"The Winter's Tale" is one of Shakespeare's "problem plays," dramas in which elements of both tragedy and comedy uneasily coexist. It was a bold choice for Free Shakespeare in the Park, because it's not an obvious crowd-pleaser: the mixed character of the play means that our responses must necessarily be mixed as well.

Leontes (Stephen Muterspaugh), ruler of Sicilia, is wildly jealous of his pregnant wife Hermione (Maryssa Wanlass). He suspects her of having an affair with his old friend Polixenes (David Everett Moore), king of Bohemia, who has been on an lengthy visit to Sicilia's court. In his madness Leontes twists everything into evidence of Hermione's unfaithfulness: when, at Leontes' bidding, Hermione urges Polixenes to extend his stay, Leontes sees both her willingness to make the request and Polixenes' acquiescence as confirmations of his suspicions.

Leontes (Muterspaugh), Hermione (Wanlass) and Polixenes (Moore) in "The Winter's Tale"

Leontes commands his advisor Camillo (Damon Seperi) to poison Polixenes; instead, Camillo warns Polixenes and flees with him to Bohemia—for Leontes, another confirmation that he is surrounded by disloyalty. When Hermione gives birth to a daughter, Leontes orders that the infant be abandoned in the wilderness and puts Hermione, accused of adultery, on trial for her life. Although the words of the Oracle proclaim her innocent, Leontes rejects them, and Hermione collapses and is announced to have died.

Sixteen years later the abandoned daughter, Perdita (Rosie Hallett), becomes engaged to Polixenes' son Prince Florizel (Davern Wright). Their engagement occasions Perdita's reunion with a now-repentant Leontes, a reconciliation between the estranged Leontes and Polixenes, and the discovery that Hermione did not die, but has been in hiding. It's hard to see this as a happy ending, though—by this point Leontes' brutal actions have forever forfeited our sympathies.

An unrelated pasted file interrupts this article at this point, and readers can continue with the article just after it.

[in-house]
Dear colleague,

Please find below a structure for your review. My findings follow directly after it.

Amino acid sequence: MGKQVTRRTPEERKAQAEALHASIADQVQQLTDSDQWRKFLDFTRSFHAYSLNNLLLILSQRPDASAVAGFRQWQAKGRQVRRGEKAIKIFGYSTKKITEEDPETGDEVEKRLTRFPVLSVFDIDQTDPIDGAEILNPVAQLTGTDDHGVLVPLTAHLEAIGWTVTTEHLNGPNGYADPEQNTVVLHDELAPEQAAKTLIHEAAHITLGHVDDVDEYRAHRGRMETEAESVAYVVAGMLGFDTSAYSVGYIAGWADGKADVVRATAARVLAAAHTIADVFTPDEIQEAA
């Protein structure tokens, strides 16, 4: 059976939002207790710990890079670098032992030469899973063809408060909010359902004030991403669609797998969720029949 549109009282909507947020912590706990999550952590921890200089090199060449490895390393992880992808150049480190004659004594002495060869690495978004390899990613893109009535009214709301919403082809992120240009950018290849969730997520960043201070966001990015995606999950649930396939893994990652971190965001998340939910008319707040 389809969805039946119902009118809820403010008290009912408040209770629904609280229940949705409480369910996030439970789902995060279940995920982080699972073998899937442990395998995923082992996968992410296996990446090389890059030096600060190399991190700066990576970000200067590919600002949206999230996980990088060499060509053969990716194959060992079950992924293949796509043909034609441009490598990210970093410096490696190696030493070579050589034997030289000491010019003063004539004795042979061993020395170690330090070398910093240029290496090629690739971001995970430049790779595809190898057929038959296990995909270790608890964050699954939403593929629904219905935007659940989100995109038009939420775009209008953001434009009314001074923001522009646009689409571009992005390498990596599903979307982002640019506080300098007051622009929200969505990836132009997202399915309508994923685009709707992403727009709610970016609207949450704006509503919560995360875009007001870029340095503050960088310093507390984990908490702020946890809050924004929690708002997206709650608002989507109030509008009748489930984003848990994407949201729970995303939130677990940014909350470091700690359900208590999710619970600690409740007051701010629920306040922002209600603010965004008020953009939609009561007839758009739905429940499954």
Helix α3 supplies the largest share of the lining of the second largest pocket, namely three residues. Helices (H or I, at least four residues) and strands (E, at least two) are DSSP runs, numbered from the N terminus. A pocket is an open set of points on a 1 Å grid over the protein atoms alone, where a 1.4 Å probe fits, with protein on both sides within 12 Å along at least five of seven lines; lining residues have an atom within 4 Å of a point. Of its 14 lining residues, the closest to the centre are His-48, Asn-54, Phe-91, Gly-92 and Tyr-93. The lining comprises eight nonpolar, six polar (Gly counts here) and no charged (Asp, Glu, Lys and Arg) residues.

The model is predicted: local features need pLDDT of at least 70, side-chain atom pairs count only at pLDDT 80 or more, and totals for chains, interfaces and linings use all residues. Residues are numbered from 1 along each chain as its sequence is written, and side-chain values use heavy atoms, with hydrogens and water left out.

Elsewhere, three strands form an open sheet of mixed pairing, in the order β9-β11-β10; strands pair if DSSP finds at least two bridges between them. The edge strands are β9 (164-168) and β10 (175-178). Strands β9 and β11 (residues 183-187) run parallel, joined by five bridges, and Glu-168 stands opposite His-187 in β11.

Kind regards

The actors were a talented and versatile ensemble, and director Rebecca J. Ennals and her creative design team cleverly pointed up the contrast between the sober, formal Sicilia and the colorful, joyful Bohemia. But another contrast—that between the sunny park setting and dark emotional world of the play—was perhaps too great for this outdoor "Winter's Tale" to fully succeed.

The Great German Songbook. Kindra Scharich, mezzo-soprano, with George Fee, piano. Seen Sunday, October 2, at the Noe Valley Ministry, San Francisco; produced by Lieder Alive!

To be without him is for me like the grave,
And the whole world is bitter.
My poor mind has gone mad,
My poor reason is dismantled,
My peace is gone, my heart is heavy,
I find it never and nevermore.

—Goethe, "Gretchen am Spinnrade" (Gretchen at the spinning wheel), from the musical setting by Franz Schubert
Love is, of course, the great subject of the German lied. And Kindra Scharich seems to be at her considerable best when performing songs of longing and sorrow. She is an exceptionally subtle and communicative singer who can command an audience's rapt attention with hushed inwardness as well as dramatic intensity.

Kindra Scharich

This program was designed to be a kind of greatest hits of the lied, featuring works by a half-dozen composers spanning the 19th and early 20th centuries. It was an ideal introduction to lieder for someone like me, who is just beginning to appreciate the form. Hearing Scharich sing again some of the pieces she had sung during her SF Music Day preview of this program a week earlier helped me to discover new details in the words and musical settings. The way, for example, in which Schubert repeats the opening line of Goethe's poem to end the song "Gretchen am Spinnrade," leaving us with a feeling of uncertainty or suspension that echoes that of the lovelorn speaker (and creating a circular structure that brings to mind the turning of her wheel). Or the way that Liszt has the bell-like piano fall silent in the middle of "Ihr Glocken von Marling" (You bells of  Marling):

If there was any minor issue with this superb program, it was that in the bright acoustic of the Noe Valley Ministry the volume of Fee's piano accompaniment never seemed to drop below mezzo-forte, even at those moments when Scharich was singing pianissimo. But this was a minor issue indeed.

Perhaps the peak moments of the concert were Scharich's performances of three Richard Strauss songs, the ardent "Zueignung" (Gratitude) and the quietly gorgeous "Morgen" (Morning) and "Allerseelen" (All Souls' Day), all of which simply glowed. Strauss's songs seem to be written for Scharich's rich vocal timbre and wide range; I very much hope that performing more of this composer is in her near-future plans.

This was the inaugural concert of Lieder Alive!'s 2016/17 Liederabend Series, which continues with Katherine Growdon, accompanied by Corey Jameson, performing Rilke songs by Schumann, Brahms, and Peter Lieberson on Sunday, October 30 at 5 pm in the Noe Valley Ministry. For more details about upcoming Liederabend concerts, please see the website of Lieder Alive!